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If the iPhone was a company it’d be bigger than Yahoo and Google

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Apple’s Q1 results weren’t exactly surprising, but they were impressive nonetheless. The technology behemoth reported a record quarterly revenue of $74.6bn back in January 2015. It’s hoping to build on this with the highly-anticipated Apple Watch, which has had a mixed response so far – particularly regarding Apple’s new launch method. Senior vice president of retail, Angela Ahrendts, admitted that retail employees were being “bombarded with questions” about the Apple Watch’s availability. There was a preorder system and customers could try the Watch on in-store but couldn’t take it home. 

Nevertheless, the interest has been high – selling out within minutes, suggesting Apple may be on track for another impressive quarter. The most recent results reflected the ongoing popularity of the iPhone, and last summer, Slate decided to investigate just how impressive Apple’s product lines would be if presented as individual companies. It stacked them up against other corporations, using their most recent public results.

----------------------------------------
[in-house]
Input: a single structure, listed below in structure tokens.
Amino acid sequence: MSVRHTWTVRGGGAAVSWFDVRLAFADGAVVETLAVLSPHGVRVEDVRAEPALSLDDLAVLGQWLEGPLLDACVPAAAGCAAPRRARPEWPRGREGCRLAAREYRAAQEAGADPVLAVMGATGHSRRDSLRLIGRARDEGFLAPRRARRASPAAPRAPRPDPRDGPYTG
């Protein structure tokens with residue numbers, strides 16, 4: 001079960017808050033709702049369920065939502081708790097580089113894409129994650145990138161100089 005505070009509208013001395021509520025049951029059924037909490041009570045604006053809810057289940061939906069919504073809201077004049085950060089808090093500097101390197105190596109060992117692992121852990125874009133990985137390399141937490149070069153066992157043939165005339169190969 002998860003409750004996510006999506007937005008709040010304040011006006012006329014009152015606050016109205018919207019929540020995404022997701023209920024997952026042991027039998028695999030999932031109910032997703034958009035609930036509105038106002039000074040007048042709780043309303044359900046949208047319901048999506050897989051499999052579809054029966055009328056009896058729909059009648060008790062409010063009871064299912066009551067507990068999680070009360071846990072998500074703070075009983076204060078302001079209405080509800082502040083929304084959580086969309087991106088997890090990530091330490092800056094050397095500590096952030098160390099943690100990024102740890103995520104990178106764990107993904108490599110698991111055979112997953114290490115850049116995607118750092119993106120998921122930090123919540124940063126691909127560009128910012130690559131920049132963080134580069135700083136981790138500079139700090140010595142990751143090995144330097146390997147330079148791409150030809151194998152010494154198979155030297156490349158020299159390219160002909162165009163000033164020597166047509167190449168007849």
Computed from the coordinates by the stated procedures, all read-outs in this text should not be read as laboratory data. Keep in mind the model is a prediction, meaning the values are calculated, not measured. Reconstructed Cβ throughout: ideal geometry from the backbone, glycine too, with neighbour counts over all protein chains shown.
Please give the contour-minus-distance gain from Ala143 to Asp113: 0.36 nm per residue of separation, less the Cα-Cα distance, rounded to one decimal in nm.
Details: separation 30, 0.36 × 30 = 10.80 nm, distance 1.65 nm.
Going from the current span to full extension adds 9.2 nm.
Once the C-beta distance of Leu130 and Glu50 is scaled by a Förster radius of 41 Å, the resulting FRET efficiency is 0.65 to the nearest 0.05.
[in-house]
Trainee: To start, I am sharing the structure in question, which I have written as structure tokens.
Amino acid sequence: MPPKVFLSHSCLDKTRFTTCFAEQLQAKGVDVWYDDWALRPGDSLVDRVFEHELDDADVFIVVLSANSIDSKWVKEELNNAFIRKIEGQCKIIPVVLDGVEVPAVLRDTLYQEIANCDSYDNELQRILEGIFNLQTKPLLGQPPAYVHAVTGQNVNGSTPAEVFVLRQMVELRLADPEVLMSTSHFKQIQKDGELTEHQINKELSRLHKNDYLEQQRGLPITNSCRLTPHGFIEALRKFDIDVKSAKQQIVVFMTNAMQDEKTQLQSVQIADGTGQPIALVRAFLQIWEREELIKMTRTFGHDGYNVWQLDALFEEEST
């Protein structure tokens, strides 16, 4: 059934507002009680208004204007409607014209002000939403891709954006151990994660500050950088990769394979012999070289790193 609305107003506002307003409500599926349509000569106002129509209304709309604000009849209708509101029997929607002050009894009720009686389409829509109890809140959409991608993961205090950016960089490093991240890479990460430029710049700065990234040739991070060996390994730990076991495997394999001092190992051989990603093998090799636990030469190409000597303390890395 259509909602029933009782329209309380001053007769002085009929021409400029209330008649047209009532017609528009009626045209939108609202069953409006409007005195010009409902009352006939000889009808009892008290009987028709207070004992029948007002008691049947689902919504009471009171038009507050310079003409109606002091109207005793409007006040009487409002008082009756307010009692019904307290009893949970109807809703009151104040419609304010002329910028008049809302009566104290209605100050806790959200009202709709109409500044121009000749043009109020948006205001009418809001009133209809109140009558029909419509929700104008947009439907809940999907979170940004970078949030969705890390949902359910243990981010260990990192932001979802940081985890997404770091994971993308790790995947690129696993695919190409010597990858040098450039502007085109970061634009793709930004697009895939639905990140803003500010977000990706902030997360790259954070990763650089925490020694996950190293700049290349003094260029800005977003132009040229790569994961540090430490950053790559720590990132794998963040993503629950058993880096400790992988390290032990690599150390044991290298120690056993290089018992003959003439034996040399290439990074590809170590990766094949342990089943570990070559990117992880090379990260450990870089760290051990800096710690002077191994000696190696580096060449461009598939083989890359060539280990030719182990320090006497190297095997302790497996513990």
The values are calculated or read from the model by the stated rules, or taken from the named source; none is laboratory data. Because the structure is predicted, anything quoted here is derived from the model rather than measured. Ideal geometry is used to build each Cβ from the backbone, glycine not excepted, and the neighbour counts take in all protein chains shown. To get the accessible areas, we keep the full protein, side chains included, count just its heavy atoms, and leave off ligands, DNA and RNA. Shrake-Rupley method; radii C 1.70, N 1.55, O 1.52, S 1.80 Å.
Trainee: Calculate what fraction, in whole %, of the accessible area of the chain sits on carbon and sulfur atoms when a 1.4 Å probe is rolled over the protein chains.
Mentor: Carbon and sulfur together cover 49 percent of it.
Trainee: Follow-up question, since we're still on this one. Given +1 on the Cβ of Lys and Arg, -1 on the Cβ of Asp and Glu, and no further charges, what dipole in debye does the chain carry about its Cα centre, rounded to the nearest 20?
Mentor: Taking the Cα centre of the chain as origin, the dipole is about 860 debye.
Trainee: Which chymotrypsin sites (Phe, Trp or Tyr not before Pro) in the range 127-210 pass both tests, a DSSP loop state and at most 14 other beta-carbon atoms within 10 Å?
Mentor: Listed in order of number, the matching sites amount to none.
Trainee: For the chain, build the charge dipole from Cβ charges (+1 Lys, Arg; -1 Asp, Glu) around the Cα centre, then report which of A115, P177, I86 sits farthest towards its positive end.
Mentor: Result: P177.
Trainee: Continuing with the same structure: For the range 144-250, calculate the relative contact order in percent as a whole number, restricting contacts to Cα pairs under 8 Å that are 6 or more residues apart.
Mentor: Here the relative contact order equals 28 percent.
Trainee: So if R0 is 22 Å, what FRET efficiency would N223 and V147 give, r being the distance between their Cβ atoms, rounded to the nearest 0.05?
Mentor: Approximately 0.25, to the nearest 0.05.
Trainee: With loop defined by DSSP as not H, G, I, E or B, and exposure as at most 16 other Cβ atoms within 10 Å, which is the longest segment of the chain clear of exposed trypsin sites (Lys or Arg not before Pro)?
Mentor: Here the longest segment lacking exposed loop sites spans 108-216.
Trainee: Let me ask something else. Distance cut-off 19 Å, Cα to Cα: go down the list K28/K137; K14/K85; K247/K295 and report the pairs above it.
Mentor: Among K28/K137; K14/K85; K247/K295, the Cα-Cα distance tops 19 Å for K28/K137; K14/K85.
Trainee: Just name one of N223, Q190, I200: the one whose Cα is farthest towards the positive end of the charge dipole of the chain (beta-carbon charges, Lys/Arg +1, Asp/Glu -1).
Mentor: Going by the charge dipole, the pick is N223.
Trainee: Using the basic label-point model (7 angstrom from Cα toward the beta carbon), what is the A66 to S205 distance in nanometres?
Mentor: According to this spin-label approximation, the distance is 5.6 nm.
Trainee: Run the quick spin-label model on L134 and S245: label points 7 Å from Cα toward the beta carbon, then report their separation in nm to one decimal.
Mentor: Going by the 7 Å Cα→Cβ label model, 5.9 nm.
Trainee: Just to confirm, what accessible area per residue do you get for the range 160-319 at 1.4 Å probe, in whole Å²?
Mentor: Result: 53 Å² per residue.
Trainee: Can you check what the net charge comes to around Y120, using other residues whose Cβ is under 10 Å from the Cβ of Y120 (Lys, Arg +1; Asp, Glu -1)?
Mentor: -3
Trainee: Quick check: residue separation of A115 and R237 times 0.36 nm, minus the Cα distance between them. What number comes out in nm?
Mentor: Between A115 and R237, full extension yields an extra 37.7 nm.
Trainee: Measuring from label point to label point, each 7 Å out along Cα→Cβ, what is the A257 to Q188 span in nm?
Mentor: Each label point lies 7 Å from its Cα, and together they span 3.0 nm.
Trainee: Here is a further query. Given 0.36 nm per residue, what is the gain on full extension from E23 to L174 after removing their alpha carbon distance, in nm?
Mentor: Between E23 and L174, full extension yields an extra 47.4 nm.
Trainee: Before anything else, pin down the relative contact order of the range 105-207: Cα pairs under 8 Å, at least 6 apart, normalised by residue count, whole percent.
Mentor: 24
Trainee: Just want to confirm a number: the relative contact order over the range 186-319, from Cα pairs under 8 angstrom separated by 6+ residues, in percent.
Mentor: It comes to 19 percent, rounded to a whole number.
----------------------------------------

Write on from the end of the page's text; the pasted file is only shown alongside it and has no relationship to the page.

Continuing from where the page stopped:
Using the stats from 2014, Slate discovered that the iPhone would do pretty well against McDonald’s, and Coca-Cola too. In fact, it had more revenue than the two combined. Apple sold 35.2m iPhones for Q3 2014, with $19.75bn in sales. Slate also claimed that this is larger than Amazon, while Google needed eBay to help it out in surpassing the mighty iPhone.

If we look ahead to Q1, the gap between Apple and other companies becomes even more pronounced. Apple sold 74.5m iPhones for the first quarter of 2015, and made $51.2bn, accounting for 68.6 per cent of the company’s revenue for Q1. Yahoo’s entire market capitalisation of $45.5bn can’t quite make up the total figure, while the iPhone revenue was also twice that of Microsoft’s $26.47bn for the last quarter. Google at $16.52bn and Intel at $14.72bn would also be left in the shadow of an iPhone company.

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Slate’s original graph also takes into account the iPad, which may be a less sought-after product, but still came up strongly as an individual company – for Q3 of 2014 it sold 13.3m units, and generated $5.9bn – more than Facebook, Twitter, Yahoo and others combined. Again, updating this to Q1 2015 – even with iPad sales slowing – it still totalled 21.4m units with a revenue of $8.985bn.

The question we’re left with, is how will the Apple Watch compare?

Image: Shutterstock

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